Polish style pork tenderloin is topped with a creamy mushroom sauce and served alongside homemade potato dumplings (kopytka) and bacon-kissed kale.
I’ve written before about how I’ve been fortunate to be able to travel, and how I enjoy creating dishes I’ve tasted on my trips. Example number one: this Lomo Saltado from Peru.
Today’s dish is based on a lunch I ate in Krakow, Poland, in August, 2016. (Yes, I have a very good memory for food.) I was on a group tour. In the morning, we visited the Wieliczka Salt Mine. Afterwards, our tour guide dropped us off in the Old Town Square. We were meeting our local guide there at 3pm for a walking tour, but we had free time until then. The group I was hanging out with on the tour wanted to eat at this Italian restaurant right on the main square. So, I already ate Italian food like three times on this two-week trip to stay with the group and be social, but I really wanted to eat Polish food. So I decided to be anti-social and just go off on my own and eat lunch at a Polish restaurant by myself. I picked this place that was only a block away, still in a very touristy area. It had an English menu, but everyone at the tables around me was speaking Polish. The waiter started talking to me in Polish and then told me I looked like a local, which happened quite a few times during this trip. I do have some ancestors from that part of the world, but trust me, I don’t dress well enough to pass as European.
It was actually a Georgian Polish restaurant, and the bread they served reminded me of Uzbek bread I’ve had in New York. I ordered from the Polish side of the menu, and I got a dish described as pork with wild mushroom sauce with beets and potato dumplings. Here is a photo I took:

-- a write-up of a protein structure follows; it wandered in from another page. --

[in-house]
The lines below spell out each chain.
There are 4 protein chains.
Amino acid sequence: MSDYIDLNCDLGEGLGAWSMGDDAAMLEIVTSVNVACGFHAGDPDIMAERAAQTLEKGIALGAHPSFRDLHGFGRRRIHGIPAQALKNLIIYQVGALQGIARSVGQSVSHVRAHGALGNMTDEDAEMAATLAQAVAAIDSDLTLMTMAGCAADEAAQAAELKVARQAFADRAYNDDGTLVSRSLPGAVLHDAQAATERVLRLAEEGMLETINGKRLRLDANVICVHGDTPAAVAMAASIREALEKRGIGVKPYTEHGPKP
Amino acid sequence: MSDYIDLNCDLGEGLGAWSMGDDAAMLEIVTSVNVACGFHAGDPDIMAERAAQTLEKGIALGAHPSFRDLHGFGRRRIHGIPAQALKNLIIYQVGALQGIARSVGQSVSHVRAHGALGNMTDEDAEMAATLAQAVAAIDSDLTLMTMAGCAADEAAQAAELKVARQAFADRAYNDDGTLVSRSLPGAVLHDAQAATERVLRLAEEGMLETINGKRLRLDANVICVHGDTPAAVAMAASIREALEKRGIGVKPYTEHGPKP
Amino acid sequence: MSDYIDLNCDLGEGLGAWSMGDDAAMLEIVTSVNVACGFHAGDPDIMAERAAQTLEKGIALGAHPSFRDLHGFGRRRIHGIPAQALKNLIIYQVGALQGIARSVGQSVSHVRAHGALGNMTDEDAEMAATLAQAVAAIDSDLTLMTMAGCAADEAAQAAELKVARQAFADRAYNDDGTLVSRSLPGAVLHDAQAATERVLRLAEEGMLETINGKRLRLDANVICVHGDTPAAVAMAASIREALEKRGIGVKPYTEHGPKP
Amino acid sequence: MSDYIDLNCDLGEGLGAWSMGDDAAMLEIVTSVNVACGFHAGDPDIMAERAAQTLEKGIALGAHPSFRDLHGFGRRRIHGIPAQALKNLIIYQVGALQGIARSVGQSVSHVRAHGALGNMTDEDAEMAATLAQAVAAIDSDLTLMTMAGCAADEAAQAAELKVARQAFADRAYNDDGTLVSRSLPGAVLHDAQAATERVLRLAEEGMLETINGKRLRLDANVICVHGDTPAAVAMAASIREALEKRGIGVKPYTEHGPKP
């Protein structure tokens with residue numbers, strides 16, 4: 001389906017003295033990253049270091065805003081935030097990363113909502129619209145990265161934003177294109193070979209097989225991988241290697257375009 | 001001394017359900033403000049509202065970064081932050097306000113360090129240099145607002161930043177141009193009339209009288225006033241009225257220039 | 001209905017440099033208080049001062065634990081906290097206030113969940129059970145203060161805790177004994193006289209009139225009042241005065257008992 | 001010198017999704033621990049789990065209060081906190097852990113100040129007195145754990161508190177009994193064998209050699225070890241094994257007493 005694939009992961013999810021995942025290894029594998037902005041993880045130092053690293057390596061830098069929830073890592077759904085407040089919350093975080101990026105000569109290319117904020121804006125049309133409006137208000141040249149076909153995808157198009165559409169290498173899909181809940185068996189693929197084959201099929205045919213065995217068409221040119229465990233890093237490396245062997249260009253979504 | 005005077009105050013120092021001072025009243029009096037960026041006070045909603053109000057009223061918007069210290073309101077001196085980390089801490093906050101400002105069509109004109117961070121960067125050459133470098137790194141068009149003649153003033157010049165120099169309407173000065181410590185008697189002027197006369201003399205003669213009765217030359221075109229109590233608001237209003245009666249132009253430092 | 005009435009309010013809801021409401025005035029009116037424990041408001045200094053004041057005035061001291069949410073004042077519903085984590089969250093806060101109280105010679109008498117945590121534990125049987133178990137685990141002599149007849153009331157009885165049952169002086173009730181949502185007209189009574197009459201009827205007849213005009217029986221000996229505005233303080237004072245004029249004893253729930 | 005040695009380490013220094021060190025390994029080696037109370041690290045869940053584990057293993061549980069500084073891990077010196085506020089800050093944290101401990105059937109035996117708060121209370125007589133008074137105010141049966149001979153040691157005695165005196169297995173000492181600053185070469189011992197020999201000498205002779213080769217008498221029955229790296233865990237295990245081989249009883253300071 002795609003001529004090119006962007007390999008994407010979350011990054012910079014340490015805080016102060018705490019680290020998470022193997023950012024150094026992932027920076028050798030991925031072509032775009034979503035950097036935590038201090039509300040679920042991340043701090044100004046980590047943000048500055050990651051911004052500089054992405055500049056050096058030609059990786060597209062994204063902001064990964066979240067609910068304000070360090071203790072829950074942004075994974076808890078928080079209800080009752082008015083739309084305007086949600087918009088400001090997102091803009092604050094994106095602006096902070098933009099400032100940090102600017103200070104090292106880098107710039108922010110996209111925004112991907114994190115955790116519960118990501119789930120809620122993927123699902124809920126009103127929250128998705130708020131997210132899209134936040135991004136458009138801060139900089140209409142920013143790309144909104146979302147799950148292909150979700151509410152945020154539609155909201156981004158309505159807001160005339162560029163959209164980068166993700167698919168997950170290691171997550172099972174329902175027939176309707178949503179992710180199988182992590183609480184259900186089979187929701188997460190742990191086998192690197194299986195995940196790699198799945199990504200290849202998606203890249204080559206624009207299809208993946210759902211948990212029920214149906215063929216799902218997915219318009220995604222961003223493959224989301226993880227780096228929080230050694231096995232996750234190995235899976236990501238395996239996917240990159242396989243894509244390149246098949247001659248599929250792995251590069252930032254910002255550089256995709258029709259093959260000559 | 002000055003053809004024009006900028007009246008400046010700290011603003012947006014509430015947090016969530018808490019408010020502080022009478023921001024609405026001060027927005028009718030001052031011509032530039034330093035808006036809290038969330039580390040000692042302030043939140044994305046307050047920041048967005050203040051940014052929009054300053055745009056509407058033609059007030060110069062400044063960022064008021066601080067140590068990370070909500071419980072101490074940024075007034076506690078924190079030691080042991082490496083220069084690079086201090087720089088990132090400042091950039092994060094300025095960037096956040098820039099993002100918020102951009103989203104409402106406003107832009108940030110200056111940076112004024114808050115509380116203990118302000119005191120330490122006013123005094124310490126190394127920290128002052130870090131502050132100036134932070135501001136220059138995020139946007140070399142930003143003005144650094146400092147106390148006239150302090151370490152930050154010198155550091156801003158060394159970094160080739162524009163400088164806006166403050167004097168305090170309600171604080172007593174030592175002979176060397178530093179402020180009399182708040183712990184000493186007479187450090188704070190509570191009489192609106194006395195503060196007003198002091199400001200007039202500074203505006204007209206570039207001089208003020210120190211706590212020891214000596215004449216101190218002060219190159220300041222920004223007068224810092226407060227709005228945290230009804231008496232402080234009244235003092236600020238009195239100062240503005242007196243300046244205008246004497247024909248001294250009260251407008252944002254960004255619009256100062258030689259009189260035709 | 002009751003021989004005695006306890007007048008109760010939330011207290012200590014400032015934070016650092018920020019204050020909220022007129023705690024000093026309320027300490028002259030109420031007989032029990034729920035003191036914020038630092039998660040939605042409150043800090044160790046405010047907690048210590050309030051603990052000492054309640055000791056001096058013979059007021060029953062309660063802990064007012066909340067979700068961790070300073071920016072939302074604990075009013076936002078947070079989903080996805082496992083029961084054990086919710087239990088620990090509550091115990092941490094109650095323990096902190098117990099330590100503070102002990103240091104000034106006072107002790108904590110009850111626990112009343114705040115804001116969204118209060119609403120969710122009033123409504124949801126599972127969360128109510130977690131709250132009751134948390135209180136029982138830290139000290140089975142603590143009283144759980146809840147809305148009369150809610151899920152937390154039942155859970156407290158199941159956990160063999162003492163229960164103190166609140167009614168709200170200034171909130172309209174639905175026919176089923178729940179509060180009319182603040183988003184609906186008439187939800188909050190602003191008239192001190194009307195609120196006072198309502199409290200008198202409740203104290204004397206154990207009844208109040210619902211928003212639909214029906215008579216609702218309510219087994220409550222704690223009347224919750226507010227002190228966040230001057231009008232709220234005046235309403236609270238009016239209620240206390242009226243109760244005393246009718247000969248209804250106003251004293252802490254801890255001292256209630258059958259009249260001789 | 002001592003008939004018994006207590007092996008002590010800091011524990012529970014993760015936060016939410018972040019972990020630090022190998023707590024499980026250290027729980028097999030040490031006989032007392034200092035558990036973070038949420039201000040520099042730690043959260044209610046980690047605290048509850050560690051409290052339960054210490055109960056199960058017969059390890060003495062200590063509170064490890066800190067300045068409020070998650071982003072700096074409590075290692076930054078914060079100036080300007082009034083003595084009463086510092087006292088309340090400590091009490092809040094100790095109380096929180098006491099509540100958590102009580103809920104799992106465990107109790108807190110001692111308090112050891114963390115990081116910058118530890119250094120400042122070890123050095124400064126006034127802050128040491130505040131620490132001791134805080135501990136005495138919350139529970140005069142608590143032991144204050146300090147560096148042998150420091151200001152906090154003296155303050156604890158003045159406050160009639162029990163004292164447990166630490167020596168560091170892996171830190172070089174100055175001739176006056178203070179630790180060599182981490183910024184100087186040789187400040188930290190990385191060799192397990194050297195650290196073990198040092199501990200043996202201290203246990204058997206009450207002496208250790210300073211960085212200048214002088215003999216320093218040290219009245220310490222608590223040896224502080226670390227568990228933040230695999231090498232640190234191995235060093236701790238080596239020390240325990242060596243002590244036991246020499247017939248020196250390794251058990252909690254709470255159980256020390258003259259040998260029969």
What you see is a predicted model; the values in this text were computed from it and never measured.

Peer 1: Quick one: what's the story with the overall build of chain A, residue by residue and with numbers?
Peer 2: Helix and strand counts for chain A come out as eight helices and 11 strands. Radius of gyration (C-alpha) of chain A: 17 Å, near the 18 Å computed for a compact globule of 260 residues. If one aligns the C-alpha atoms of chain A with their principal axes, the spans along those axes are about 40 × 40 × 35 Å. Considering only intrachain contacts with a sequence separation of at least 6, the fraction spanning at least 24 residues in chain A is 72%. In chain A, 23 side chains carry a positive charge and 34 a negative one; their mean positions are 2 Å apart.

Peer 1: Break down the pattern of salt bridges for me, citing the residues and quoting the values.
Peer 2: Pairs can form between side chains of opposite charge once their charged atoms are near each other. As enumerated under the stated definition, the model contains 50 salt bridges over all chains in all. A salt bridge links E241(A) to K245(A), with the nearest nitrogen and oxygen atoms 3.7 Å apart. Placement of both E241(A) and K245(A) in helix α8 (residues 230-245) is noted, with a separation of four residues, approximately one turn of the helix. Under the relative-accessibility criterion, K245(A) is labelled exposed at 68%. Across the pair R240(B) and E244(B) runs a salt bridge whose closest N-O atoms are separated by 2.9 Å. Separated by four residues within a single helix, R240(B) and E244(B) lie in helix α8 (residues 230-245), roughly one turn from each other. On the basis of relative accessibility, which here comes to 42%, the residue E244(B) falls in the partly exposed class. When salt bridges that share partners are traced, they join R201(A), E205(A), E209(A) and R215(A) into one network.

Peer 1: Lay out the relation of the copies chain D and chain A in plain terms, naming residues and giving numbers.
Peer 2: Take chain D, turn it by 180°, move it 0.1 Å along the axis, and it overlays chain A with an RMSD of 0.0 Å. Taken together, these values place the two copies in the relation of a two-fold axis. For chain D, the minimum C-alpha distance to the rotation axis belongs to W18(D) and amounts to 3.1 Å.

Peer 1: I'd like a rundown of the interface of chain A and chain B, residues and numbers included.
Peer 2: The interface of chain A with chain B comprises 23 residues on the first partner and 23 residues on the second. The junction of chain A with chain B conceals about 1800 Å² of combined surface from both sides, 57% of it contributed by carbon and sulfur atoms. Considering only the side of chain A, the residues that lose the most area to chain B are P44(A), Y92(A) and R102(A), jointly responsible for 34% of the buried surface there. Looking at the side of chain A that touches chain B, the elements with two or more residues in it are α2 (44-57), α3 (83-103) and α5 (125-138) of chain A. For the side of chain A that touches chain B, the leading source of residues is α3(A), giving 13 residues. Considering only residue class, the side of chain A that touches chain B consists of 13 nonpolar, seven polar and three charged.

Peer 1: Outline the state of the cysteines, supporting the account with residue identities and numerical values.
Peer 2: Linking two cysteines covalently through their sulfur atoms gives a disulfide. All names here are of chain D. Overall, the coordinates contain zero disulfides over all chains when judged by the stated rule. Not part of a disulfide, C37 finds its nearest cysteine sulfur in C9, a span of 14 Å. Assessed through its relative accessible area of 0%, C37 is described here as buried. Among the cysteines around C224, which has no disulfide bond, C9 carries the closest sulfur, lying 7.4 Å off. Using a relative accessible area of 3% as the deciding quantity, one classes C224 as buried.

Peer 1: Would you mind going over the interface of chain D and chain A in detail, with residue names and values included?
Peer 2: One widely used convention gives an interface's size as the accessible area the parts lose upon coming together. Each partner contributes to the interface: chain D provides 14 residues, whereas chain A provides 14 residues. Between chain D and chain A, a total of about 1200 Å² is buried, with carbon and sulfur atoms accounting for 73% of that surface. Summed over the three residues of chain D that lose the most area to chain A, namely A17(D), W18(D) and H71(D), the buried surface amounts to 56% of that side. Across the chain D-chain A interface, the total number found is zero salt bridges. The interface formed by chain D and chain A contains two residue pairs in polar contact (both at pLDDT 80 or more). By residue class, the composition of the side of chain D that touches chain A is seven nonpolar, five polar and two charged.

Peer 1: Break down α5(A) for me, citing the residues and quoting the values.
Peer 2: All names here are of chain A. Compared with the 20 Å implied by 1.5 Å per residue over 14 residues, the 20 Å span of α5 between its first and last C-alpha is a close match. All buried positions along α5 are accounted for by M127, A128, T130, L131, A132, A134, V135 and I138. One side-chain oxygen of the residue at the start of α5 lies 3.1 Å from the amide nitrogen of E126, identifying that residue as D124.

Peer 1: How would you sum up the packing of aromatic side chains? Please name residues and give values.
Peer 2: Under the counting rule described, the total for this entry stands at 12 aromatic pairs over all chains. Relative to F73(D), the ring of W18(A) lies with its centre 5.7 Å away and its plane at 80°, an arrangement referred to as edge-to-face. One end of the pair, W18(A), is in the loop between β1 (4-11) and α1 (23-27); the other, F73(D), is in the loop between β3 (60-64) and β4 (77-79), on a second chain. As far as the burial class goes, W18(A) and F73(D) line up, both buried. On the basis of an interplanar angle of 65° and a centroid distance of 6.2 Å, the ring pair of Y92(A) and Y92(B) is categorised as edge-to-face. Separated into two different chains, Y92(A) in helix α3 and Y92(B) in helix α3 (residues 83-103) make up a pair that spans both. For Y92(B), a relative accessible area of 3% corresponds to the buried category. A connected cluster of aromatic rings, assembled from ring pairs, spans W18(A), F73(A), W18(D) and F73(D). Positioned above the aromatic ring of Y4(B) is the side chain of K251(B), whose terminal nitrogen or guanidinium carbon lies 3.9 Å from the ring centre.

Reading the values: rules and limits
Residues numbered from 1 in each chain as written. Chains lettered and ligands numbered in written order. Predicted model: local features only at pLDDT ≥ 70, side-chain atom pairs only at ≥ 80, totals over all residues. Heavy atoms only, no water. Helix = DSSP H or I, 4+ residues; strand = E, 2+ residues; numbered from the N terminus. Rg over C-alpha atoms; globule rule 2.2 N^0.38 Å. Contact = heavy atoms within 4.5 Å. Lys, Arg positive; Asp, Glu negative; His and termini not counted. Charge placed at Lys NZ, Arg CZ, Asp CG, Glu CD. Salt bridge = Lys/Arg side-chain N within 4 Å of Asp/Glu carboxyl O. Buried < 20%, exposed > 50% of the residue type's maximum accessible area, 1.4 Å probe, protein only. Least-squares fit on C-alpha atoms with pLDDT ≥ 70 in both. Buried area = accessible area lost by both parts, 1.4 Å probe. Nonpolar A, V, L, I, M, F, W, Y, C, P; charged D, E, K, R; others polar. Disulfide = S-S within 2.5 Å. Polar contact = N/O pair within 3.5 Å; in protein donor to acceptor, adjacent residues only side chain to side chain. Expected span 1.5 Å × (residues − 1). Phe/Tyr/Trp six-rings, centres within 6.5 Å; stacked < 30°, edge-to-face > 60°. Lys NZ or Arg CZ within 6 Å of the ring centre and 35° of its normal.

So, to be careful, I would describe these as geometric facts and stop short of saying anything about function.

After lunch, I did some souvenir shopping in the Cloth Hall. There is a legend about a dragon who lived in a cave at the bottom of Wawel Hill in Krakow. There is even a “dragon bone” in front of Wawel Cathedral. Jonathan’s Chinese zodiac sign is the dragon, and we both like stories with dragons. They sell these plush dragons all over Krakow, and I had to buy one for him. I know it’s not the most authentic souvenir. What does it say about me that after this whole story about having to eat Polish food in Poland, I had to have this made-in-China dragon?
But how cute is he? I got him as a gift for Jonathan, who named him Baby Basil.
Now that I’ve indulged myself in telling that story, back to the recipe.
Here are the some of the main ingredients:
We’ve got two pork tenderloins, some bacon, some Russian red kale, some baby portabella (aka cremini) mushrooms, some russet potatoes, and some dill.
I ate a lot of fatty meat in Eastern Europe, so I was really happy to eat a leaner cut of meat. The pork tenderloin is very quick and easy to cook. I browned it in some bacon fat and then finished it in the oven. If you take care not to overcook it, it stays juicy and tender.
The mushroom sauce, which is optional if you’re not a mushroom fan, is also pretty easy. Sauté some mushrooms in butter, add broth, thicken with flour, finish with sour cream. Smother your pork tenderloin with creamy tasty mushrooms.
Take a look at this mushroom sauce: